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Palestinians seeking passage to Canada fight despair as Rafah campaign closes off their exit

Nearly 200 Palestinians have managed to escape Gaza and obtain approval to travel to Canada — but they had to pay thousands of dollars to smuggle themselves into Egypt. That avenue is now closed off, due to the military campaign Israel launched in Rafah this week.

Nearly 200 people have escaped Gaza and have been approved to come to Canada

Palestinians mourn their relatives killed in the Israeli bombardment of the Gaza Strip, at a hospital in Rafah, Gaza, Friday, May 10, 2024.

Nearly 200 Palestinians have managed to escape Gaza and obtain approval to travel to Canada — but they had to pay thousands of dollars to smuggle themselves into Egypt.

That avenue is now closed off, due to the Israeli military campaign underway in Rafah in the southern Gaza Strip.

On Monday, Hamas announced that it had agreed to a ceasefire deal brokered by Egypt and Qatar. Israel rejected the deal — which it said contained elements it could not accept — and began its incursion into Rafah, where more than a million Gazans have sought shelter from the war.

Among them are the members of Hazim Almasri's family, who have been travelling from Gaza City to Deir el Balah, a town neighbouring Khan Younis, since October.

"We were always stressed and very sad and always worried," said Almasri, a resident of Kitchener, Ont. He is still waiting on word from the Canadian government on whether he'll be allowed to bring his siblings and their families to Canada.

The Al Masris' home in Gaza City was hit by an airstrike strike during the war.

Prior to the war, Almasri had plans to fly to Gaza this month for a family reunion. The eruption of hostilities on Oct. 7 put an end to those plans and started him thinking about getting his loved ones out instead.

In January, the Canadian government announced a new program — the Special Measures for Extended Families of Palestinian Canadians in Gaza — meant to allow relations of Palestinian-Canadians in the war zone to move here temporarily to escape the conflict.

"The day they announced the program, it was a celebration in my house and the kids in Gaza. They were crying from happiness," Almasri said.

But the program depends on the governments of Israel and Egypt approving individuals for travel through the Rafah crossing into the latter country, once they are placed on a list by Canada.

Canada has submitted multiple lists of approved candidates for the program to Israel and Egypt, but — for reasons that have not been disclosed — all of those names have been rejected to date. Now, the incursion launched by Israel this week into Rafah has made any further movement into Cairo impossible.

Almasri said he has raised enough money to get some of his family members out, but others, like his brother Nael, are still stuck on the Gaza side.

Nael Almasri recently met with a freelancer working for CBC News in Deir El Balah. He said he and his family finally found a small apartment to rent after being constantly on the move since October. Now they're waiting for their applications to come to Canada to be approved.

"They bombed the house beside us and 18 people were martyred," he said. "It was terrifying for the entire family."

Nael Al Masri (right) sits with an unidentified neighbour in his home in Deir el Balah.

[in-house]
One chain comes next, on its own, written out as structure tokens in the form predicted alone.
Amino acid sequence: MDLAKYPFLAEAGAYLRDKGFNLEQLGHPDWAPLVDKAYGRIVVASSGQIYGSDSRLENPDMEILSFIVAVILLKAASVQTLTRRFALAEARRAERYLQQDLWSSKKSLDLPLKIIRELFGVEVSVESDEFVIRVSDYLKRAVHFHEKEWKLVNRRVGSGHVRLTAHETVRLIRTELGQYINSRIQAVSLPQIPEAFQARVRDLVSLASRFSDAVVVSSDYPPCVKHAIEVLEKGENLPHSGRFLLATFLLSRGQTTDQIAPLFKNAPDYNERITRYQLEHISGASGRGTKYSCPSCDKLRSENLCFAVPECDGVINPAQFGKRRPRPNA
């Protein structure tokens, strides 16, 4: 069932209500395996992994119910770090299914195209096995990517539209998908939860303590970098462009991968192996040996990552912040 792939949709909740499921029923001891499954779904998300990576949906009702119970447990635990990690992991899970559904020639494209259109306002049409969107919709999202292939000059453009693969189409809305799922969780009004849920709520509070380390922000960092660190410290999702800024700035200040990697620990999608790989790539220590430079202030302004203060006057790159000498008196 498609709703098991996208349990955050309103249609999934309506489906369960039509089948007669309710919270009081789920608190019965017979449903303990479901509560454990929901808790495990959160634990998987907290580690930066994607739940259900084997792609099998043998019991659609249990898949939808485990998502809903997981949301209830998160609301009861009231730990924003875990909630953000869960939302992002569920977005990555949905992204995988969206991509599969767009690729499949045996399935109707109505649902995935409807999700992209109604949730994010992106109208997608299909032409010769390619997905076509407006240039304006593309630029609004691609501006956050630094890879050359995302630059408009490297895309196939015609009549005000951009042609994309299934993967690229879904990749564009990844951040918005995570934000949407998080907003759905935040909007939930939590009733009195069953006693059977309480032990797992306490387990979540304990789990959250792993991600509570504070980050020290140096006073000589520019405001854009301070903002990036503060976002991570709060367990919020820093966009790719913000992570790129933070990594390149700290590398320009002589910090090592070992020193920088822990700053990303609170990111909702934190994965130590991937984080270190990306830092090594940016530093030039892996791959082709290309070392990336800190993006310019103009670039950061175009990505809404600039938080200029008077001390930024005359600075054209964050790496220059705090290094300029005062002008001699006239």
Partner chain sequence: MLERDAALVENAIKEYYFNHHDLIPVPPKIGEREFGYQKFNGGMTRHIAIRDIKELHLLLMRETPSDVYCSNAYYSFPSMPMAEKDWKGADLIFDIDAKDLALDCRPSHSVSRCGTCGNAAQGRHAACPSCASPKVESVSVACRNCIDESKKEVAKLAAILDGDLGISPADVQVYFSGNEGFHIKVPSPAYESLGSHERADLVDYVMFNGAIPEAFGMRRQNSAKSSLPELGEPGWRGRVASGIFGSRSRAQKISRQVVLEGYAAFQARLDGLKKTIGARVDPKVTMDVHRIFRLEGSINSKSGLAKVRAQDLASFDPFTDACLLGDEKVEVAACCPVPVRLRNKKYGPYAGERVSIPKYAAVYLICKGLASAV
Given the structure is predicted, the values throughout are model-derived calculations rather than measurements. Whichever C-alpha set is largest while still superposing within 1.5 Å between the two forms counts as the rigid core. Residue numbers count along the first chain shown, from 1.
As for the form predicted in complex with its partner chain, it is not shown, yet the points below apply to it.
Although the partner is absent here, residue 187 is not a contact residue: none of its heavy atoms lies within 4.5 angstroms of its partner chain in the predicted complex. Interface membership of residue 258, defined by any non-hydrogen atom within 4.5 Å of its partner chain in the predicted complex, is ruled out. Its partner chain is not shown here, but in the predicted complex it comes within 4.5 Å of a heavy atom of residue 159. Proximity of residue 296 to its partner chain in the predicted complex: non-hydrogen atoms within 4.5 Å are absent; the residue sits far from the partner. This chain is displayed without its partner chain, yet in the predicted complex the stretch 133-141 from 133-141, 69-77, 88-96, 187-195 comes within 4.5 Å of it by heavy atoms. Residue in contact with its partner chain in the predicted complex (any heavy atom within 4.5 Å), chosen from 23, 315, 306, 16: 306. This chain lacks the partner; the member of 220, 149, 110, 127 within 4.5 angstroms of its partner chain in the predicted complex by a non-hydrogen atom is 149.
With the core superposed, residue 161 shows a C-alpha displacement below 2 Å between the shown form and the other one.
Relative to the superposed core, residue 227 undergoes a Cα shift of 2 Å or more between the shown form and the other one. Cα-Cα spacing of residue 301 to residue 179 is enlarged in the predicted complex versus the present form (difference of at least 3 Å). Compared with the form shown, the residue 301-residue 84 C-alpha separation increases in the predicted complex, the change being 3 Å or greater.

In January, Hazim Almasri filed applications for his three siblings and their families to get them out of Gaza through the program. Two of the three have received codes from the Canadian government — the first step in the application process, which allows them to apply for a visa. But Nael and his family have yet to receive anything from Canada.

"The purpose of applying to this program is to save our souls from death," said Nael. "We were hopeful and happy and the kids were happy, but then … the process is slow."

He said he's lost all hope of escaping the war.

"Right now, I feel like it doesn't really matter to me… Open the border, close the border, either way I'm stuck in the Gaza Strip," he said.

Hope isn't the only thing the Almasri family has lost. About a week ago, their uncle, who had made it across the border to Cairo, died after undergoing surgery to amputate an infected leg.

Mike Morris, Green Party member of Parliament for Kitchener South, said he knows Immigration Minister Marc Miller is in a "difficult" position — but he needs to maintain diplomatic channels to get as many people out of Gaza as possible.

"Everything about this program, as you know, has been broken from the start," said Morris. "So, we want to see him continue to prioritize all diplomatic channels to do better by families like Hazim's and so many others across the country."

In a statement, Immigration, Refugees and Citizenship Canada (IRCC) said the department is very concerned about the plight of people in Gaza and is aware that some are exiting Gaza "on their own."

The department says it does not recommend the use of such people-smuggling services and continues to call for Egypt and Israel to approve applicants for exit.

IRCC said that as of April 29, 179 people have completed the process and have been approved to come to Canada. None were evacuated from Gaza through official channels.


Yasmine Hassan


Yasmine Hassan is a producer filing stories on the Middle East for CBC's Parliamentary Bureau in Ottawa. She has worked for the national broadcaster in Toronto, London, Montreal and New Brunswick. Her work previously appeared in VICE and Al Jazeera. If you have a story idea, send news tips in English or Arabic to yasmine.hassan@cbc.ca.

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